Open-room plans featuring see-through bathrooms are not for everyone, but that has not kept leading luxury and boutique hotels from using them to create striking designs that offer an edgy version of what many guests have grown accustomed to at home.
Some things are better left unseen — or are they? That’s being debated robustly as more boutique hotels embrace open-room designs that remove barriers between bathrooms and the rest of the guest room in a bid to create an edgier look, the illusion of more space, and the luxury many affluent guests experience at home.
This illusion is often achieved by encasing the bathroom behind see-through glass walls or treating an artisanal tub like a sculpture by placing it in the middle of a guest room.
The trend marks a big departure from the more incremental approach of simply moving sinks from the bathroom to the living quarters. The latter has the obvious benefit of allowing one guest to use the sink if their roommate is using the bathroom.
We suspect this daring design concept can be successful in some venues and troublesome in others. Each hotel owner will have to determine whether it’s a good fit for their target market.
Let’s talk first about the benefits, which many would argue are less apparent.
First, open bathroom plans can make hotel guest rooms appear larger.
Secondly, they allow natural light into an otherwise dark and claustrophobic bathroom. In this way, they help hotels catch up with the luxury many affluent guests experience at home, where master bathrooms have steadily grown in size and often basked in natural light from large windows.
After all, the illusion of greater size created by open-plan designs works whether you are seated on the commode or the bed. In other words, it makes both the entire room look larger, while also making the bathroom appear larger to whoever is using it.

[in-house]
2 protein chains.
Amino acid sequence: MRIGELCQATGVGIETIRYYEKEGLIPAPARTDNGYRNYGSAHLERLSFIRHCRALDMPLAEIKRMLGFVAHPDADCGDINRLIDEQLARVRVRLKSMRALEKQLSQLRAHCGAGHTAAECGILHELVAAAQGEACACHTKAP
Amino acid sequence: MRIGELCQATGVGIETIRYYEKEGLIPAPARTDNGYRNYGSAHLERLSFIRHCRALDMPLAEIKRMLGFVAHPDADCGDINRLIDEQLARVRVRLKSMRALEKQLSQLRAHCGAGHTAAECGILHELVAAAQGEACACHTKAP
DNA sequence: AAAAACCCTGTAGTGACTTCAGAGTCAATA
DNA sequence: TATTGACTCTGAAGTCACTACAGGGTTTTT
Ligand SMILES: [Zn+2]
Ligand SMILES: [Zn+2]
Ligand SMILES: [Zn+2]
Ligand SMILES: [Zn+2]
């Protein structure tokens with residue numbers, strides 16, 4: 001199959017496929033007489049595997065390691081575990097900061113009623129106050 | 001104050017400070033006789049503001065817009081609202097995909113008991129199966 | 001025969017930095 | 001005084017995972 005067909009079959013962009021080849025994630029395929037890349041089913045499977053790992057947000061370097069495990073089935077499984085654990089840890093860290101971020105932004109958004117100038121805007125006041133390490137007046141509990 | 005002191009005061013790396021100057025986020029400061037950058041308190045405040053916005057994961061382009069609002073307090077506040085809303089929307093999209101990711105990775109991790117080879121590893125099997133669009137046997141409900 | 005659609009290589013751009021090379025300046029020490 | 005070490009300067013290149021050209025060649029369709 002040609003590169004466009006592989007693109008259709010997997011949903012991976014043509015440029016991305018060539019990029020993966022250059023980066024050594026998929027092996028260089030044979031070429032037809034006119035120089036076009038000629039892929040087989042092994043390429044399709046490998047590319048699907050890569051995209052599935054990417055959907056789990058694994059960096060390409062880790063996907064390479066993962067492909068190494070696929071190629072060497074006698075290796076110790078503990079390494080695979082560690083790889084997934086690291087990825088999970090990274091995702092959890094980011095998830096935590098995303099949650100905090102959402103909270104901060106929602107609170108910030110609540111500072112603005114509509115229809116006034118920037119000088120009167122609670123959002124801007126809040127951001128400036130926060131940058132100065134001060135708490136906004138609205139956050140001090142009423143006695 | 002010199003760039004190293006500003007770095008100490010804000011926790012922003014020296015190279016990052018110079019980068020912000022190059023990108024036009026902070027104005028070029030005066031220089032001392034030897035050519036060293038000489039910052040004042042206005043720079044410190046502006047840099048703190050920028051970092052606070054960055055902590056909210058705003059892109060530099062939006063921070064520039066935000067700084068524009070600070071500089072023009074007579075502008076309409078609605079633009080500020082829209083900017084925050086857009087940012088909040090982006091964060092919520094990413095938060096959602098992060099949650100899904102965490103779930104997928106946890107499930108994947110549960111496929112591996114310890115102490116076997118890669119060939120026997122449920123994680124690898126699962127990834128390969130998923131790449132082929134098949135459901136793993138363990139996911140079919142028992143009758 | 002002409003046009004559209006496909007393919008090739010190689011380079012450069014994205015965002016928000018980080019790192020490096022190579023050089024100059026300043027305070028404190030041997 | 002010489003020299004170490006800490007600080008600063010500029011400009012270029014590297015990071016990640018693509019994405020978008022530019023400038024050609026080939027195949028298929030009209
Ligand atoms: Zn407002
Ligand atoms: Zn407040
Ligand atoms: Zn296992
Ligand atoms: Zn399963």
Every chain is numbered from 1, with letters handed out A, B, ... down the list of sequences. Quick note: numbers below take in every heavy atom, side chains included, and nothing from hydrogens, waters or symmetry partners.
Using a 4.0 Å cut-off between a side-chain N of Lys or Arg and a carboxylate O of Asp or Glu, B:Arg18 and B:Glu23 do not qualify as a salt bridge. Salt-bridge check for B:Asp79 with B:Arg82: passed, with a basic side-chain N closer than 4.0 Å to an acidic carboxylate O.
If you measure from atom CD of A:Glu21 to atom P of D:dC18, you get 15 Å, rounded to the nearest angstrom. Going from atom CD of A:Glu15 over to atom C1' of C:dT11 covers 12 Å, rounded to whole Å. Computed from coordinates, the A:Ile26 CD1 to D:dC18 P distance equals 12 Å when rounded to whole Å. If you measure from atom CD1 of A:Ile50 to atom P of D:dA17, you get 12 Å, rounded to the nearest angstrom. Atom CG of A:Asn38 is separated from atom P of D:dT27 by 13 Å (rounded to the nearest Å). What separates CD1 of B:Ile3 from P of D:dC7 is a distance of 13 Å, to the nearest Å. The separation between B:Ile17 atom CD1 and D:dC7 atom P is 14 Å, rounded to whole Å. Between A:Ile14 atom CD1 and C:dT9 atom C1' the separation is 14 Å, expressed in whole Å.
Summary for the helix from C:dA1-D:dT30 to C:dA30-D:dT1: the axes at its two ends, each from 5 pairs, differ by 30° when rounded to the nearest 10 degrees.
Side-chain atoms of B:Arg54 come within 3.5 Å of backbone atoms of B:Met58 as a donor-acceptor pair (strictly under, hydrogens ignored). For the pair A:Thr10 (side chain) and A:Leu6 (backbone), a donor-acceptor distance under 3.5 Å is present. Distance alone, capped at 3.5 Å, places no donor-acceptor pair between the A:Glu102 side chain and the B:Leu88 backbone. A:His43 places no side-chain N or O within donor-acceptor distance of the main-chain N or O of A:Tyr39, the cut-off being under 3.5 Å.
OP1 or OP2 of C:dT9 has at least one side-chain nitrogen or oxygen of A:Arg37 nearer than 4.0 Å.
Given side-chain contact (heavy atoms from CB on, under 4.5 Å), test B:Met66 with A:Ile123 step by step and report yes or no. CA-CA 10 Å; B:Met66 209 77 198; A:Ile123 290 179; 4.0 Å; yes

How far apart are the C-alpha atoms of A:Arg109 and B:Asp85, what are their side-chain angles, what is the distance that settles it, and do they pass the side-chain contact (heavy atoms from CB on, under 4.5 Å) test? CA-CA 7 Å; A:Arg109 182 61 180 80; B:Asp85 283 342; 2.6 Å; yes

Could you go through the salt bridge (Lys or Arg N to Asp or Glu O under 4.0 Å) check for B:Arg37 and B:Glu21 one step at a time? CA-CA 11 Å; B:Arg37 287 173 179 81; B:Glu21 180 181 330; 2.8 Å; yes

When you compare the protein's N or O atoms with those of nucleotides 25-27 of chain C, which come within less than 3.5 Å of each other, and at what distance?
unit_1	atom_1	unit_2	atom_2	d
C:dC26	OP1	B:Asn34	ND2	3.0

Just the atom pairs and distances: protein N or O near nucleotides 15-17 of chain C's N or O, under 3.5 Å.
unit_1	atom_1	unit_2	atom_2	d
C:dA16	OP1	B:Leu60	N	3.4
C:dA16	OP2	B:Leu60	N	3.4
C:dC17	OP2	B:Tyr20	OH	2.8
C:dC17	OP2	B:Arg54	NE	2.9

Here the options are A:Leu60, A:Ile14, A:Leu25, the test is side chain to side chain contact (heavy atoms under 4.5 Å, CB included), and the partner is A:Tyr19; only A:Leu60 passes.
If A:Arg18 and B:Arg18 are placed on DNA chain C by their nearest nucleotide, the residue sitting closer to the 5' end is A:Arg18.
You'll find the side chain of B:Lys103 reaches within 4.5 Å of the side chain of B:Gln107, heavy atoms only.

We see open-plan hotel rooms as potentially being a good fit for hotels at adult-only resorts. Think all-inclusive couple’s resorts and health spas. Solo travelers, including many business travelers, might also warm to this design, as it can create a very modern, uncluttered, and luxurious experience reminiscent of home.
They seem particularly well suited to contemporary luxury hotels using a sleek, minimalist design aesthetic. All these pluses help explain why urban luxury boutique hotels such as the Miss Clara Hotel in Stockholm, the Mandarin Hotel in Miami and the Renaissance Hotel in Beijing appear to be pioneering the trend. You can see an image of these and other hotels' see-through bathrooms here.
While they may be a great way for couples to enjoy an even more romantic outing, however, open bathroom plans are not appropriate in many settings.
Just because two people are madly in love does not mean they want to see – or be seen by – each other while using the bathroom.
For this and other reasons, open or deconstructed bathrooms plans are problematic for hotels that cater to families, large groups, and businesses that may expect colleagues to share a room.
“Sharing a hotel room with your father, your teenaged kids, your friend, or even a colleague means that bathing exhibitionism becomes less sexy and more unbearably awkward verging on untenable,” notes Quartzy in an article titled “Why Do Hip Hotels Think Their Guests No Longer Want Bathroom Privacy?” So why on earth do hotels think we want this?
Keeping all that glass spotless could also pose challenges for housekeeping.
To determine whether the trend has legs and avoid alienating guests, some hotel owners and designers might be wise to consider phasing in open-bathrooms over time.
Or you could equip each open-plan room with a portable privacy screen that guest could position either in or outside the bathroom to provide an optional level of privacy.
Material selection is critical when designing an open bathroom. Since nothing is out of sight, the bathroom and the bedroom must adhere to a single aesthetic. Again, a sophisticated, clean, minimalist style often works best.
Make sure the rooms are chic and up to luxury hotel standards — especially when incorporating plumbing fixtures.
While using different flooring, wall coverings, and other finishes to set off the bathroom may be appropriate, these selections must complement the décor used in the rest of the room.
Matching custom-made bathroom cabinets and room furniture can be a great way to achieve a cohesive look in such instances. Placing a chair in the bathroom can a great way to tie together to two rooms and provide the look and feel of today’s modern master bathrooms.
The Beachwood Custom team has been helping premier hotels worldwide design, source and install custom made furniture since 1992. Why not contact the Beachwood team today to see how we can help execute your design ideas.